So is the photograph of acclaimed Chinese artist and activist Ai Wei Wei dropping a Han Dynasty vase art? I'd argue not really. As a photograph, it rises to the level of interesting, but to give it the crown of capital-A Art seems questionable. But don't get me wrong. I think it captures something brilliant and deeply artistic: the art of choosing.
When Ai dropped that vase, it was his unlikely and bold choice that was art. Eyes resolutely on camera, there's no doubt in his choice. Instead it is all defiant commitment in the face of anyone who'd question breaking something that seemed almost timeless.
I just happened to watch a documentary on Ai the other day, and at one point one of his many artists said that he was merely following directions, that he was just the hands awaiting guidance. And sure enough, Ai himself said that he really just made decisions. Others would execute the statues, the stadiums, the millions of porcelain sunflower seeds.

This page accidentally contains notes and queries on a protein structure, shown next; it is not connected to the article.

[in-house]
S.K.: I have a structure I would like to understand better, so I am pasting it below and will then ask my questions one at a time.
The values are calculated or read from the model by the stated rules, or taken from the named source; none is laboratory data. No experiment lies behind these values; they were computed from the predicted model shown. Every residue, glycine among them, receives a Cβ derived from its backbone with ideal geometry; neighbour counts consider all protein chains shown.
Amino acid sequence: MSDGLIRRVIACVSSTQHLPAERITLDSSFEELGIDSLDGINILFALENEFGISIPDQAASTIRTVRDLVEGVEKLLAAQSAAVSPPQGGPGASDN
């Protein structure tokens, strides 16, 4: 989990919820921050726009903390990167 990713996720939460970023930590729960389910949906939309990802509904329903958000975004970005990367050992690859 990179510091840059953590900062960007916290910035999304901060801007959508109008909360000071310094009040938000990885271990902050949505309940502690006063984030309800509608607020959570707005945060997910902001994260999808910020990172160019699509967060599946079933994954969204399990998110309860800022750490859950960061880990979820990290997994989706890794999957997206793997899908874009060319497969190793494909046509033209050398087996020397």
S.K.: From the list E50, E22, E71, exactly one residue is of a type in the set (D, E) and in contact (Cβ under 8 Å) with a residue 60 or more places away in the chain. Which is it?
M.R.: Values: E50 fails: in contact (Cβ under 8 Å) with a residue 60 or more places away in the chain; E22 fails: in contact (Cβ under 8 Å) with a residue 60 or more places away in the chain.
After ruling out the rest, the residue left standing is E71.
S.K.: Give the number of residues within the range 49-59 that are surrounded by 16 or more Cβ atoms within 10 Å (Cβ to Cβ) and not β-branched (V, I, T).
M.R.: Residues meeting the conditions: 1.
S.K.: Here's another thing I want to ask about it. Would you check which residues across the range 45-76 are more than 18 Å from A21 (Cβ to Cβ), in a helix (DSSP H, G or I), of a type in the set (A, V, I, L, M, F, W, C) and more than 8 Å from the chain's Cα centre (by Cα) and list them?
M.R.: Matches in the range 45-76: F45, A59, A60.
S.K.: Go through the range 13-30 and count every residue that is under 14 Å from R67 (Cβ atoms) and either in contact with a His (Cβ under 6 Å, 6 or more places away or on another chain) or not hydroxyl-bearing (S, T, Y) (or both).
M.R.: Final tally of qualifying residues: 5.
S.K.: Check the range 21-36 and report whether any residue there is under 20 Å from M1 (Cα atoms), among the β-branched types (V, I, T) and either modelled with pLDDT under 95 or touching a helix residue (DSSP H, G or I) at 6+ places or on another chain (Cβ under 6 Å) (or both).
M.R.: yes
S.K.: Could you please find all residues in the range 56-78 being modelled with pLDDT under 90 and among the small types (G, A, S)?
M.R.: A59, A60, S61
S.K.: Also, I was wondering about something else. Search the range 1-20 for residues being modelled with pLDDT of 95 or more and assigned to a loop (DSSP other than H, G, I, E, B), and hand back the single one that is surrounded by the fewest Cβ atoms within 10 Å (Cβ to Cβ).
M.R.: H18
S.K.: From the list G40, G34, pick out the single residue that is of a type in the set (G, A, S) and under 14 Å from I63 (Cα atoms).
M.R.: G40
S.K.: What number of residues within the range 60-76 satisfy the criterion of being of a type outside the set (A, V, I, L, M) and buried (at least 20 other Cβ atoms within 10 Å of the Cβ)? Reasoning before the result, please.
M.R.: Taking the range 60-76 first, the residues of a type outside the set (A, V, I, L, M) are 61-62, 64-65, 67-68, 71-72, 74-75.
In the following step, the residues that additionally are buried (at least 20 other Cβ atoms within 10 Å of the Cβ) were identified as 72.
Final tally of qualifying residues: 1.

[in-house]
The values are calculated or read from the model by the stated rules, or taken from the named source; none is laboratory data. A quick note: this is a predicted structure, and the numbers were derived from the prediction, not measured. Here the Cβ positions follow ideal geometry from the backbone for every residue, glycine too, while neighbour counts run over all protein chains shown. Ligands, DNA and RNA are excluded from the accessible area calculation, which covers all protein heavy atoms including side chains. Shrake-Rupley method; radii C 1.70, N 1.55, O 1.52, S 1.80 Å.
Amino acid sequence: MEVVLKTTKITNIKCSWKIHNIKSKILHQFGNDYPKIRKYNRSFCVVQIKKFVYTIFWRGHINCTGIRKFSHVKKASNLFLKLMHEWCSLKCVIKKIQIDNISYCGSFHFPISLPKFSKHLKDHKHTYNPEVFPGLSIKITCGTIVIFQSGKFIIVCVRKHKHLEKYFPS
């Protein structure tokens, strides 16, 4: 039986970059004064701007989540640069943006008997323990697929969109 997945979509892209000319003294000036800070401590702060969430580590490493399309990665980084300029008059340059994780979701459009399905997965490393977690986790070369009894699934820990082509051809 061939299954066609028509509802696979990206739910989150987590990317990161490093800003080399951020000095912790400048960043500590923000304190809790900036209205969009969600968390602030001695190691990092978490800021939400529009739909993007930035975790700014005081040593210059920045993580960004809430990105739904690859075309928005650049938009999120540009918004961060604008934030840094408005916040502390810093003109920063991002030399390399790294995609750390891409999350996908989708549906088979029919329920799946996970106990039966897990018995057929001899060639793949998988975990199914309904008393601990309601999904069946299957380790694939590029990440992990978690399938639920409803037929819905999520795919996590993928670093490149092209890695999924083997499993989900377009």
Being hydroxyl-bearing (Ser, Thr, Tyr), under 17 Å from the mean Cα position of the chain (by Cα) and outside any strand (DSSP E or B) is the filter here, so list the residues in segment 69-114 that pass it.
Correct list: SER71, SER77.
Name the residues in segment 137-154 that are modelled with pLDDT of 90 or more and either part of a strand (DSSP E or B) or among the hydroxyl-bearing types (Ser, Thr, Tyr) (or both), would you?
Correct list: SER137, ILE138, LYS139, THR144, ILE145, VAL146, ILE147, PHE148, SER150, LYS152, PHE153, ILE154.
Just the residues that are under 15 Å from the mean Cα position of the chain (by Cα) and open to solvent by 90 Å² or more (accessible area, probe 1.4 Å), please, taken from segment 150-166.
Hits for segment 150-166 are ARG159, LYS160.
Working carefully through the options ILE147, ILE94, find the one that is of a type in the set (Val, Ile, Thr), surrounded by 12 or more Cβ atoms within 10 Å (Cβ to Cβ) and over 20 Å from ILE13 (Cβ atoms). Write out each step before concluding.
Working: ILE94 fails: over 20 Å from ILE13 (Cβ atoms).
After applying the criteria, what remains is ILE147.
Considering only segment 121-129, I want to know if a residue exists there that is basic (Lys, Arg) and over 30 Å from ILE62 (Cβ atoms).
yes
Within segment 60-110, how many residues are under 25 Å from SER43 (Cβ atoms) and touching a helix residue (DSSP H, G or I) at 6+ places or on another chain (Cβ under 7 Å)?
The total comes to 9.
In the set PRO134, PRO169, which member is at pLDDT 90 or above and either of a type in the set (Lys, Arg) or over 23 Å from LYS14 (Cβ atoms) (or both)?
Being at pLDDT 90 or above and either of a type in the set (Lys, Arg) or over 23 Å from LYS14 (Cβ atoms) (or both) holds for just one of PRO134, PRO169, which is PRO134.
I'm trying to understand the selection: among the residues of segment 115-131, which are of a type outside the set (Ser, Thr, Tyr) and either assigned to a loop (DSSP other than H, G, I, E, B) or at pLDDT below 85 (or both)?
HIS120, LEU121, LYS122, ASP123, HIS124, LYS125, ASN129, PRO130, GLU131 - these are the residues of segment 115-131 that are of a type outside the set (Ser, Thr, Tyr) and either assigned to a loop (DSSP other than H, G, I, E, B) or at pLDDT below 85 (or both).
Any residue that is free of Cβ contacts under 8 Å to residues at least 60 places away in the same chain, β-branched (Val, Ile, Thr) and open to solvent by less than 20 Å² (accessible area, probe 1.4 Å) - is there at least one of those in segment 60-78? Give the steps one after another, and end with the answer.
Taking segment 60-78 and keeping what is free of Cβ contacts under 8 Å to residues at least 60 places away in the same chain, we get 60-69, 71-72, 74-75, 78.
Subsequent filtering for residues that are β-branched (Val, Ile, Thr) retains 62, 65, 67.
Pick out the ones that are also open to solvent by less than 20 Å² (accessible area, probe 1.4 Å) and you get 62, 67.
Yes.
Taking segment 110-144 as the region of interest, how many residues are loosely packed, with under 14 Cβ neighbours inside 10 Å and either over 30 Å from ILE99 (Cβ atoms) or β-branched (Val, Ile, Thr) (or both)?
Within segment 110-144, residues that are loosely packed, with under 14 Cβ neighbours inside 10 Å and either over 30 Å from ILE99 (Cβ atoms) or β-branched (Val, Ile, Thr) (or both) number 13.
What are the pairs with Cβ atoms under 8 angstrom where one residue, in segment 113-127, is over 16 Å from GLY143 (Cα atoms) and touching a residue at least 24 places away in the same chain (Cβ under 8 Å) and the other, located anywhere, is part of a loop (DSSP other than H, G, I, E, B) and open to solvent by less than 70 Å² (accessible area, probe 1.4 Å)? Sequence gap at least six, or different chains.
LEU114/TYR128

Just so happens I'm also reading "Playing to Win: How Strategy Really Works," by former P&G CEO A.G. Lafley and University of Toronto B-School Dean Roger L. Martin. In it, they say "strategy is choice." That simple. And that hard.
If I drop a water balloon, there's nothing interesting about that choice. It's the same as the million other dropped water balloons. But despite its expectedness, I have made a choice--one that's roughly a million times less provocative and infinitely more forgettable than Ai's.
When we make choices in business, why do we expect the obvious ones will somehow work out for us? Why are we surprised when they have no impact on the market, why they sway so few customers? Of course going for pure shock value doesn't work, either. Dropping a baby would capture our attention, but repulse us entirely. Ai's choice with the vase is provocative, relevant, and executed with conviction--which, to my thinking, is the perfect combination.
It's also the epitome of the art of choosing.